Use of GIS for planning visual surveillance: an analogy to maximum coverage problem.
Presented at: Centre for Transport Studies Research Seminars, UCL (University College London), London, UK.
Visual Surveillance is now an essential part of the urban infrastructure in cities like London. One of the primary aims in visual surveillance is to ensure a maximum visual coverage with the least number of surveillance installations, which is analogous to the maximal coverage problem. Starting of with a brief description about the types of visual surveillance (artificial and natural), I will give examples of the rapid spread of visual surveillance. The examples will highlight the traditional approach in the layout of observers in artificial visual surveillance (e.g. CCTV camera), which involves an iterative, manual and gut-feel process of trying various layouts until a satisfactory solution has been found, often producing too many surveillance installations. I will demonstrate how a GIS, can be used to identify the optimal number and locations of observers, ensuring complete visual coverage using an automated technique, namely Rank and Overlap Elimination (ROPE). The ROPE technique is essentially a greedy-search method, which iteratively selects the most visibly dominant observer with minimum overlapping vistas. The talk will also delve a little into measurements to characterise the shape of open spaces, relevant in assessing natural surveillance. One of the key features of the talk will be a demonstration of Isovist Analyst, which is a customised interface to popular geographical information system ArcView, for planning artificial and natural surveillance in indoor and outdoor open spaces, with arbitrary geometry and topology.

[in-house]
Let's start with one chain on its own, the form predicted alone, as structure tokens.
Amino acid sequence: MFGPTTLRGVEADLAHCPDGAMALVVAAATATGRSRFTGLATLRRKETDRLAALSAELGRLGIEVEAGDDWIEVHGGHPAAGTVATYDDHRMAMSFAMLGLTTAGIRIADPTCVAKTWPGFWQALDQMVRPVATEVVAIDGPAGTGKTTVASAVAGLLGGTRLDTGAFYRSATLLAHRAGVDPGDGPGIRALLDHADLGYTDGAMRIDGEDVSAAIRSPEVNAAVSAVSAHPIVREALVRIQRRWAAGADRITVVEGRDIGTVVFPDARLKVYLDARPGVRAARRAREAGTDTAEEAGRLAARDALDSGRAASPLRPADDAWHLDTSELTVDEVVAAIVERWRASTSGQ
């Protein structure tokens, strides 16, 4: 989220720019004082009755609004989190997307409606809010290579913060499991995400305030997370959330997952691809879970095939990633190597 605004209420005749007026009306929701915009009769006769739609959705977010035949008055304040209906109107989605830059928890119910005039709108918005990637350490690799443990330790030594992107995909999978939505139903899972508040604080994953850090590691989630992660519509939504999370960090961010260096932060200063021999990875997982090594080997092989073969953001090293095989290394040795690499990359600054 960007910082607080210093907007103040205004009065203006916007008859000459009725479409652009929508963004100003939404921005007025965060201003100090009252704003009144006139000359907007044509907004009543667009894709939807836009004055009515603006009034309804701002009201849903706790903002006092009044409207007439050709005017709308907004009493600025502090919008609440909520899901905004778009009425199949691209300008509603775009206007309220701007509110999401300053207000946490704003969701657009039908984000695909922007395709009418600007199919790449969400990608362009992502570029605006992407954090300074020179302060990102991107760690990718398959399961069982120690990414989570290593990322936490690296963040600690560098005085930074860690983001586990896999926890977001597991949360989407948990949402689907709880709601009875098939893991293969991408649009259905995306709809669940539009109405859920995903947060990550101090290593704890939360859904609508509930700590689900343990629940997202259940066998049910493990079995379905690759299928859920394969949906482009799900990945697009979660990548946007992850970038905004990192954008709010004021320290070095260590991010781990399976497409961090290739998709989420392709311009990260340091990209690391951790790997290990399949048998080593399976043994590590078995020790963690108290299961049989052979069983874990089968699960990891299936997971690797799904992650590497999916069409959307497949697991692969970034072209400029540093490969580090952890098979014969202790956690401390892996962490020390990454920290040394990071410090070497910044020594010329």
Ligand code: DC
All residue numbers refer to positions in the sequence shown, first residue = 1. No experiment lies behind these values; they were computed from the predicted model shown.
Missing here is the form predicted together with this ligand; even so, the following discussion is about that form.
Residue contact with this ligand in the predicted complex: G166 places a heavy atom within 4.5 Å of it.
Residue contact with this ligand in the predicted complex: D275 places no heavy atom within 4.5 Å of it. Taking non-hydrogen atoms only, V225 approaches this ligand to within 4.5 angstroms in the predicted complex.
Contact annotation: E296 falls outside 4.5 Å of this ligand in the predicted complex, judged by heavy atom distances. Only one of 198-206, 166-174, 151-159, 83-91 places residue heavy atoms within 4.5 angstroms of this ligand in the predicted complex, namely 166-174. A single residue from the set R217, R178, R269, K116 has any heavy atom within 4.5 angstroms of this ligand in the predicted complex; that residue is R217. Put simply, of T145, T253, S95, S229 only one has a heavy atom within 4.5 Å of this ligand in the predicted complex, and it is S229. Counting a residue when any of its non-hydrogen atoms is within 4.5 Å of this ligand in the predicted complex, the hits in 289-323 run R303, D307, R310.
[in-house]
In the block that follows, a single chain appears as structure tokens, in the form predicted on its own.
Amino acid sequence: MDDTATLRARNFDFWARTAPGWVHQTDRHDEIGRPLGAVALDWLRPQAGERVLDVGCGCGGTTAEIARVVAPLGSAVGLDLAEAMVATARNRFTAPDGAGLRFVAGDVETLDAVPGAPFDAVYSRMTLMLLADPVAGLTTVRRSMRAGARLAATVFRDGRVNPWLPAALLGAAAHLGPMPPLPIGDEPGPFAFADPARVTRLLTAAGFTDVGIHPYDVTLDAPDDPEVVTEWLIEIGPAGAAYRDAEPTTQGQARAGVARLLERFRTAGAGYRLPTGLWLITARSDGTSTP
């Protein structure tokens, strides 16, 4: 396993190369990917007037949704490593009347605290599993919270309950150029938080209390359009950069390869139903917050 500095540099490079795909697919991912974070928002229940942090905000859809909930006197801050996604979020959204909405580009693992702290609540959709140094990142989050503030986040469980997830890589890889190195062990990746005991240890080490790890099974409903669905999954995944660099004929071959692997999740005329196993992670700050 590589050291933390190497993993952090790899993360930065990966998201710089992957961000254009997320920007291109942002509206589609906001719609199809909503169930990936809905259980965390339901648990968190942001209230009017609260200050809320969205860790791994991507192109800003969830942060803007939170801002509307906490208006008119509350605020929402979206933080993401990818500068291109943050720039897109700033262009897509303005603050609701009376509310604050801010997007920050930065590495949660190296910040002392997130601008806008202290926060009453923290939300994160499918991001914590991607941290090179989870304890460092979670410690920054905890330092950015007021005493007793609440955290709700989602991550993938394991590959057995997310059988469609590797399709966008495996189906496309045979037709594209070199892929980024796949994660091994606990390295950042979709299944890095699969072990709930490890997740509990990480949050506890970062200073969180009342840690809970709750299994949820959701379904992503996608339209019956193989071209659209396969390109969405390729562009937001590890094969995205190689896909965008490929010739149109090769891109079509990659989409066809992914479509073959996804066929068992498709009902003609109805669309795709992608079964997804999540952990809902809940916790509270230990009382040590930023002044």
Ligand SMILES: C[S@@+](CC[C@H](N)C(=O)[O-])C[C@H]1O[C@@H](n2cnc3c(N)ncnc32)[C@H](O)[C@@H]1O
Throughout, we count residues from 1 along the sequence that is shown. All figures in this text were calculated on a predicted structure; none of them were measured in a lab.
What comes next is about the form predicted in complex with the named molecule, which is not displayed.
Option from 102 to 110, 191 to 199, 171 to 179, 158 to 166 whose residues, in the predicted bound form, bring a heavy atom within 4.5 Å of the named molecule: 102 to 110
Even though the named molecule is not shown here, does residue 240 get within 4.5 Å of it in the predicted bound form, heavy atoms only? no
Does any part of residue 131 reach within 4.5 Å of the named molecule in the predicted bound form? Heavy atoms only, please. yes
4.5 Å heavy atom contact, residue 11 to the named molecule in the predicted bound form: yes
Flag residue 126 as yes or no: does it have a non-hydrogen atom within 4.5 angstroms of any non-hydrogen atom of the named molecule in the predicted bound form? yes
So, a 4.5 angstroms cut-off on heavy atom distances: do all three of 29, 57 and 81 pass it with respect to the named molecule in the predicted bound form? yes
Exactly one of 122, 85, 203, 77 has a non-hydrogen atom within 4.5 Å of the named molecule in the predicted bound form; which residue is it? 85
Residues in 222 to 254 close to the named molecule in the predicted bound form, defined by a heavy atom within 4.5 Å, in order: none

|Type:||Conference item (Presentation)|
|Title:||Use of GIS for planning visual surveillance: an analogy to maximum coverage problem|
|Event:||Centre for Transport Studies Research Seminars, UCL (University College London)|
|Open access status:||An open access version is available from UCL Discovery|
|UCL classification:||UCL > School of BEAMS > Faculty of Engineering Science > Civil, Environmental and Geomatic Engineering|
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